Tomil finally released a clattering breath rancid with decay. He shifted his position on her bed and leaned back into her pillows. Attuned to the failing night, his skin prickled at the thought of dawn and the flight back to his other half. Maria seemed no longer affected by his odor as she drew near him to arrange the pillows or further examine his wound, all the while with a small smile, and a calmness that disturbed him. Afterall, an aswang fell out of the sky and into her bedroom.
Tomil had begun to snore when Maria returned from the bathroom, an entire roll of gauze in her hands. She bandaged the wound and only when she finished did Tomil open his eyes and smoothed the white swathe of gauze at his side. Hindi na sana kailangan, madali naman ako gumaling. Tomil admitted only that he was at least twice her age and, no this wasn’t the first time he had fallen out of the sky.
When she examined his wings, Maria grew convinced she recognized them from her books. Here, she listened to herself, the wingtip, hollow bones, skin, and blood vessels. She ran her hands gently upon the membrane, and fondled the ridges and fingers. Na-sprain yata yung pakpak mo. She massaged the joints, spread lotion and medicine. Mint and honey mingled with the scent of decay and meat. Maria giggled. I read about these wings in my books, she said, indicating a slender children’s guide to common tropical birds. Another volume was about insects; ladybugs crawled over the cover. A book on Greek mythology, which did not help, lay on the edge of her bed, yellowing pages already stiff. I wish I had wings, too, Maria remarked. Tomil grinned. His gums the bristling bright red of a traffic light. Sweet girl, he murmured. Her smile was wide.
Maria’s breath and the sweet milk scent of her body seeped into the bed and its sheets like heat. The girl settled on the floor, her bare legs white against worn wood. Delicious, fresh, and warm. Lulled by her nearness, Tomil swooned and fell fast asleep.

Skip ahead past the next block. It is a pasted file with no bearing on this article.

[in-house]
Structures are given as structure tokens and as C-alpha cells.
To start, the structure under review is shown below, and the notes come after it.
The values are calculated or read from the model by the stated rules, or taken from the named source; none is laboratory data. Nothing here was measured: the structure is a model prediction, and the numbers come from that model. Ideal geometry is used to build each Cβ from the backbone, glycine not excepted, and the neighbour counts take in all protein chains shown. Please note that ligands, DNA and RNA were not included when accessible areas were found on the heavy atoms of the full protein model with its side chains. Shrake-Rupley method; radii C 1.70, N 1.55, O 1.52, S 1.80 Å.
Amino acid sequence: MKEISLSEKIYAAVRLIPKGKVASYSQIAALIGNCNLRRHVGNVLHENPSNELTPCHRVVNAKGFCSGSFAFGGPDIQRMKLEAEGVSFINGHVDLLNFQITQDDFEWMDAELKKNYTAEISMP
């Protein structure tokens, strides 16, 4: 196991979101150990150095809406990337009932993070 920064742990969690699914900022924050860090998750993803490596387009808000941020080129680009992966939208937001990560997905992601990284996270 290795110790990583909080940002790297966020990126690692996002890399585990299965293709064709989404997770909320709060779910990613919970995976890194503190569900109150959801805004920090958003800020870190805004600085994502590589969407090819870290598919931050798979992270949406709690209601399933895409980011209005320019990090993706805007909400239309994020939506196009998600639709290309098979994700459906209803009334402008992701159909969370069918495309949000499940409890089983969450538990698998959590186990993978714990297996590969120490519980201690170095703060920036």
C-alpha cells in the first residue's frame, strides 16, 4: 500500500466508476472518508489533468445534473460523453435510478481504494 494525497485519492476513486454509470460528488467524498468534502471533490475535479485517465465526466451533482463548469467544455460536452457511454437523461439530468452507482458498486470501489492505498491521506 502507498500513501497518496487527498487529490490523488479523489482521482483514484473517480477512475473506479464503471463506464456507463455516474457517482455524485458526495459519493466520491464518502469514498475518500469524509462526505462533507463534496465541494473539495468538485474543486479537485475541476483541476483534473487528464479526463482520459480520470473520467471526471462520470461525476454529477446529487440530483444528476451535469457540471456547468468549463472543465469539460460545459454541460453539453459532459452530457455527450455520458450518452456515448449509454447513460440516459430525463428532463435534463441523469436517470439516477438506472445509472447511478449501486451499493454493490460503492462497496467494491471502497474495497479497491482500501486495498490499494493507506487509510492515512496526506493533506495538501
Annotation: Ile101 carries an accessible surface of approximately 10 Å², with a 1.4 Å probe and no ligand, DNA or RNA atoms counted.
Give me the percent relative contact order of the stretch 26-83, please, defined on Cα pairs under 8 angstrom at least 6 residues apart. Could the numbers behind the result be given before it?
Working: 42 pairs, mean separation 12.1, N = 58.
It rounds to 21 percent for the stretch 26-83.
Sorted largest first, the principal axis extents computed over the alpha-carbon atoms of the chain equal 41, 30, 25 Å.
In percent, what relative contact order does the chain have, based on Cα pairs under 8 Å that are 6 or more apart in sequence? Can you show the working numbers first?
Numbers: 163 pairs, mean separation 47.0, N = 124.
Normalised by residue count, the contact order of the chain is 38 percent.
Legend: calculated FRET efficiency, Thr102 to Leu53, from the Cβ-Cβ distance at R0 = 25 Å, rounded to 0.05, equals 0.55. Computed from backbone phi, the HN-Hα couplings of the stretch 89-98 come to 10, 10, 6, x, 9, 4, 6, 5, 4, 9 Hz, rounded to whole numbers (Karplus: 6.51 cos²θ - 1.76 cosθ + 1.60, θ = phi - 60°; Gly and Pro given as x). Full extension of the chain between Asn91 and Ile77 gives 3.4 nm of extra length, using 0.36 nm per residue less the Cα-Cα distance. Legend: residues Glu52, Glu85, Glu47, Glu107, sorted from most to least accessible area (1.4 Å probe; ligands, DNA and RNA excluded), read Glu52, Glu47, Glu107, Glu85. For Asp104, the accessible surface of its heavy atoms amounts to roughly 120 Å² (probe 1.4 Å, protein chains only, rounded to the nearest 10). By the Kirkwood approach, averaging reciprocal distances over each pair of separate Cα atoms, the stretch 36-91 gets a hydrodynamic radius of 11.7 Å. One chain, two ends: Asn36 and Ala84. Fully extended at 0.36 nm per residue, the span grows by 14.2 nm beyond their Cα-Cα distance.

Magigising yan, huwag ka maingay!
Quiet, nakikinig siya. Gising ka na ba?
It wasn’t his collision with the mango tree—Tomil grabbed hold or branches that reached out to him with equal panic, his hands slipped until they held on, splinters lodged deep into his palms—or the prolonged racket he made while resting against the boughs that woke Maria’s brothers. It was Tomil’s wretched stink that seeped out of Maria’s room when she left the door ajar that crept into the house. Abe and Ino dreamt of burnt things and flesh in bruised colors, sisig cooking in too much oil, the head of a stuffed pig with its cheeks carved out.
The boys looked him over, not surprised, but apprehensive and cautious, their faces blank and strange. In the dark they looked nothing alike: Ino stood uneasily, narrowing his shoulders while his brother cocked his head out at an angle, feet apart and arms akimbo. Abe, a boy of six or seven, knelt to stare into Tomil’s yellow eyes when the manananggal woke. A dog barked, he thought. He heard a rusty gate open. It was hot out but Maria’s room kept its shadows, preferred the dark and its dust. Ino sat at the edge of Maria’s bed, inspecting Tomil’s chest, what little of his bones protruded from below his navel. Abe’s twin peeked and poked, his nose inches away from the rotting meat stink. Tomil shifted away, his hand on the locked window latch.
Sabi ni ate nabaril ka raw? Abe beckoned to his brother and, together, they sat opposite Tomil who rubbed his eyes.
Oo, pero mabilis ako gumaling. He stretched to reveal the bandages. Magaling na ako ngayon.
Abe nodded and turned to his brother. Gusto ko rin. Tingin mo papahiram siya ni ate? Sana.
On the other side of the door: heavy, brisk footsteps of a man who knew his destination. Tomil shivered as a cold draft blew through the open door. Muscles clenched and half-spread wings like a cornered animal ready to spring. From behind her father, Maria rushed into the room to stand between him and the manananggal whose dexterous, sharp tongue tasted the air and sampled the father’s delicate amusement. Something’s wasn’t right. Tomil’s skin prickled. The windows were still barred. Maria’s father – a middle-aged man of medium height with thin, graying curly hair and tired eyes – stepped around her towards the bed. Sandali lang. Tomil, diba? Magaling na yung sugat mo. A fist around his wrist. Takot ka? Maria’s father grinned, blew a sweet breath into his lungs, and straightened. Tomil’s vision swam.
Kitam! I wasn’t lying, Maria insisted. Abe and Ino climbed off the bed and moved to stand on either side of their father, allegiance and judgment withheld. They left Maria alone.
Maria, her father said, I told you never to close these windows. Tomil looked from Maria to Abe to Ino to the father who stood with his arms akimbo.
Baka kasi makawala siya, Maria replied. A half-second glance flickered towards the manananggal.
Her father continued, we will have to find his legs otherwise this stink will never go away. The boys shrieked simultaneously; the little room shook with the sound.
Gusto rin namin! Abe tugged on his father’s shirt. Kami rin!
You have Kuya Pip for now.
Same premise as Maria & the Manananggal and Summer Night